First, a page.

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On Protest: Comparative and Transnational Perspectives

This research cluster grows out of a collaborative research initiative entitled, “Theorizing the Tahrir Moment as a Model/Modality of Radical Politics: Comparative and Transnational Perspectives,” launched in the spring of 2012 with the support of the Political Science department, the Center for Latin American, Caribbean, and Latino Studies, and the Horwitz Endowment at UMass-Amherst.

Bringing together a variety of disciplinary approaches and regional expertise, faculty and graduate students involved in the Tahrir project met regularly to analyze the surge of protests in 2011 and into 2012 that, first, rocked the Middle East and North Africa, then shook Europe, and, inspired by Occupy Wall Street, subsequently spread to dozens of U.S. cities and other global sites.

Please visit their website for more information and current events.

My main areas of specialization are social movements and protest politics, comparative and transnational feminisms, and Latin American politics and cultures, with a focus on Brazil and the Southern Cone. My recent (co-edited) books include Translocalities/Translocalidades: Feminist Politics of Translation in the Latin/a Américas; and Beyond Civil Society Agenda:...Read more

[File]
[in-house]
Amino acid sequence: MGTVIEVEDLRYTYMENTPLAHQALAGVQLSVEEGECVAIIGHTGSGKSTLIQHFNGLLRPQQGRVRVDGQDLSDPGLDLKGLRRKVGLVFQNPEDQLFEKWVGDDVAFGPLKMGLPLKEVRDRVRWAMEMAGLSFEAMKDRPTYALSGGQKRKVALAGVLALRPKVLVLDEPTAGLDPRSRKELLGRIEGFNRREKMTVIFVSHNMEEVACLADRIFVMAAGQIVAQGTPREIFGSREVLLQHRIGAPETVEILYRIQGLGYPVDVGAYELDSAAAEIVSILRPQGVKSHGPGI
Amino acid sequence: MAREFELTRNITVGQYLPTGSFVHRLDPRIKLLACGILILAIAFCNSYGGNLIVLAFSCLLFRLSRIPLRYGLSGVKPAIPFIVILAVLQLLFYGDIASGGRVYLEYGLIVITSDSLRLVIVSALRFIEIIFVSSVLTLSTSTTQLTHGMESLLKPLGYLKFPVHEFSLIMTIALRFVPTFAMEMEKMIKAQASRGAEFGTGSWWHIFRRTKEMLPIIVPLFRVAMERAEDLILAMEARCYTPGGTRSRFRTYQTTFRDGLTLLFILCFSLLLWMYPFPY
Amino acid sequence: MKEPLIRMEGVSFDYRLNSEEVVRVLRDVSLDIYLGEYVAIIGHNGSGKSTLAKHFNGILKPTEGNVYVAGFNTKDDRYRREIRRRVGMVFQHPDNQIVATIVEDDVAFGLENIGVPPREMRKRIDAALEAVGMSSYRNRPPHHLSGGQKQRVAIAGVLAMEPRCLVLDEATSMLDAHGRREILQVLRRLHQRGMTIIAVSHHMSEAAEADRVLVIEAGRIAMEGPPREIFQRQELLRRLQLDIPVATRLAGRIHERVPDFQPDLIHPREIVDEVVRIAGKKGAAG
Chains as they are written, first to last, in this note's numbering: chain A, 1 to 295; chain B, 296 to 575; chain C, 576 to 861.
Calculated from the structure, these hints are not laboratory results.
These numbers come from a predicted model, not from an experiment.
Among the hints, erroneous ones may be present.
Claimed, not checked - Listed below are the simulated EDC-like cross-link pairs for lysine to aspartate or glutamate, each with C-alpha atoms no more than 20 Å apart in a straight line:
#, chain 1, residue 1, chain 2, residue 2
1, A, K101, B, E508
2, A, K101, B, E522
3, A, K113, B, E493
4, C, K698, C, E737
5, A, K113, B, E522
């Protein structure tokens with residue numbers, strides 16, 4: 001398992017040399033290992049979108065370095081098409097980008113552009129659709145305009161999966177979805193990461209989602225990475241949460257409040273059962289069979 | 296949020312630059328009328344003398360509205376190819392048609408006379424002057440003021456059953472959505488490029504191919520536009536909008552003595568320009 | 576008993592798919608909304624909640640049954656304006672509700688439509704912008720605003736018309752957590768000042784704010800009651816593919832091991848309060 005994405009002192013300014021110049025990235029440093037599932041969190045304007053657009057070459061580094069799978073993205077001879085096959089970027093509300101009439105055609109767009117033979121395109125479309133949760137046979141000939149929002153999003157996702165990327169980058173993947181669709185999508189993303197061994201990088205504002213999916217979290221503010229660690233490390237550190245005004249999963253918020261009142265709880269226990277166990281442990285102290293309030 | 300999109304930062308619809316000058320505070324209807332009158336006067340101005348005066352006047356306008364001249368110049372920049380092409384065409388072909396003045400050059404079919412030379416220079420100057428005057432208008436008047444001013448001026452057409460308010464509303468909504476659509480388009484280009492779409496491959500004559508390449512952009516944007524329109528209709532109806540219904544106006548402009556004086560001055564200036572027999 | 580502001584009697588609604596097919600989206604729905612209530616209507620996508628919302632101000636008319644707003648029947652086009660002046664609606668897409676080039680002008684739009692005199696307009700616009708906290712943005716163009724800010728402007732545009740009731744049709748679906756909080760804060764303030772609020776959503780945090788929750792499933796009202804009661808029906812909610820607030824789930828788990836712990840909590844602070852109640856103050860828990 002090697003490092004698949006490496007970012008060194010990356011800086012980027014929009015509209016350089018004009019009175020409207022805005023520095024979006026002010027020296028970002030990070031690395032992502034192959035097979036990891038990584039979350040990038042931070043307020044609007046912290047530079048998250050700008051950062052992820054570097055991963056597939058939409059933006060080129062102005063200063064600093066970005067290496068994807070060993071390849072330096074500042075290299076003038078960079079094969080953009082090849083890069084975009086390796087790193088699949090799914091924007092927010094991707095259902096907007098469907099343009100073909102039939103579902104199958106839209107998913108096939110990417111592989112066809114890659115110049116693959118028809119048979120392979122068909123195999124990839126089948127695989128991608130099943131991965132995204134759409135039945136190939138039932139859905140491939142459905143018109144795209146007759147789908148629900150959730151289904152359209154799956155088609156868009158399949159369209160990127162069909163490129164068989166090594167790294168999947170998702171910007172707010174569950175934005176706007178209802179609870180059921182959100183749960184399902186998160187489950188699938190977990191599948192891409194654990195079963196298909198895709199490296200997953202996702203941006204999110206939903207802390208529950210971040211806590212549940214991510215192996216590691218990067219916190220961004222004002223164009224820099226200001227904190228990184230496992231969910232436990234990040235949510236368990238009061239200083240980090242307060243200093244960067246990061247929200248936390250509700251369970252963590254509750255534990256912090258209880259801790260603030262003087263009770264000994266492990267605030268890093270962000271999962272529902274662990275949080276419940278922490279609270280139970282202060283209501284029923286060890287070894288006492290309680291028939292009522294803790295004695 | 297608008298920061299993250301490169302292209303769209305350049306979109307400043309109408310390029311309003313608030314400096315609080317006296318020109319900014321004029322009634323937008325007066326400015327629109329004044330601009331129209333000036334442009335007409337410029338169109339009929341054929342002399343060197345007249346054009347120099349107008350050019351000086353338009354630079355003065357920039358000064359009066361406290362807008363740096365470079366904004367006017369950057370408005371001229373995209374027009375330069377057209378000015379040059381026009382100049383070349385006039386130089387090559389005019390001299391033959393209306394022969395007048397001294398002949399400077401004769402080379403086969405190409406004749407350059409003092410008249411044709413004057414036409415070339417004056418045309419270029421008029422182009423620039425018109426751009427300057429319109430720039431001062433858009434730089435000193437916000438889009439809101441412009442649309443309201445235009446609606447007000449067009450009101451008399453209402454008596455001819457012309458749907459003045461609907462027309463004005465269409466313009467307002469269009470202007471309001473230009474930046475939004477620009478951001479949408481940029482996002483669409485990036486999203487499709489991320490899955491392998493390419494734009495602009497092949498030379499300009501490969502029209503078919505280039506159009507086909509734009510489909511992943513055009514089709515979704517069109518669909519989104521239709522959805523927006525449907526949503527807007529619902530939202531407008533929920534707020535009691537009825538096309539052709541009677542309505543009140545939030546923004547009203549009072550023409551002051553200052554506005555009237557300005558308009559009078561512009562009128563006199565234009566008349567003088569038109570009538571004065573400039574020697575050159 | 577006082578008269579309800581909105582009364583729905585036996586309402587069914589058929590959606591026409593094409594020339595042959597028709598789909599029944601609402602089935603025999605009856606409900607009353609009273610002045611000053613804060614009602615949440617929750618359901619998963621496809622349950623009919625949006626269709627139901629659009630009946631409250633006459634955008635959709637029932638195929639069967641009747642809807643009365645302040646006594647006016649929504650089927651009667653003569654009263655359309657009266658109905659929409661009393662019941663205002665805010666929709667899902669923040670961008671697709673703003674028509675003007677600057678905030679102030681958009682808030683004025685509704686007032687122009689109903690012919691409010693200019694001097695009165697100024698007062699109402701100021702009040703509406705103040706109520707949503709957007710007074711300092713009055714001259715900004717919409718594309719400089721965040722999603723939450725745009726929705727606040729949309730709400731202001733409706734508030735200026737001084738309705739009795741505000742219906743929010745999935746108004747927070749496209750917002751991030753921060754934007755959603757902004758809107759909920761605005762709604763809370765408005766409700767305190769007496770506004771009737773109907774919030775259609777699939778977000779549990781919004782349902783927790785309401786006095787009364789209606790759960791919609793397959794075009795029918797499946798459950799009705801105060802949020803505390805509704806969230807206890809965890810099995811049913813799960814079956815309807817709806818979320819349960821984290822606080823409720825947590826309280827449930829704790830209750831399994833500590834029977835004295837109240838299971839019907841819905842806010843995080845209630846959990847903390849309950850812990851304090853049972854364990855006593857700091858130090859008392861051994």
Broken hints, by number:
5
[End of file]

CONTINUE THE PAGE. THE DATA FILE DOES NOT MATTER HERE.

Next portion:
Angelica Bernal

I specialize on issues of founding and refounding, popular constitutionalism, and indigenous rights and social movements in Latin America.  I am interested in examining the mechanisms and challenges involved in the creation and recreation of political orders, the significance of constitution-making and the law in processes of extraordinary politics,...Read more

Barbara Cruikshank

My research interests include modern and contemporary social and political theory, the history of reform, social movements, the politics of sex and sexuality, and relations of power and knowledge.Read more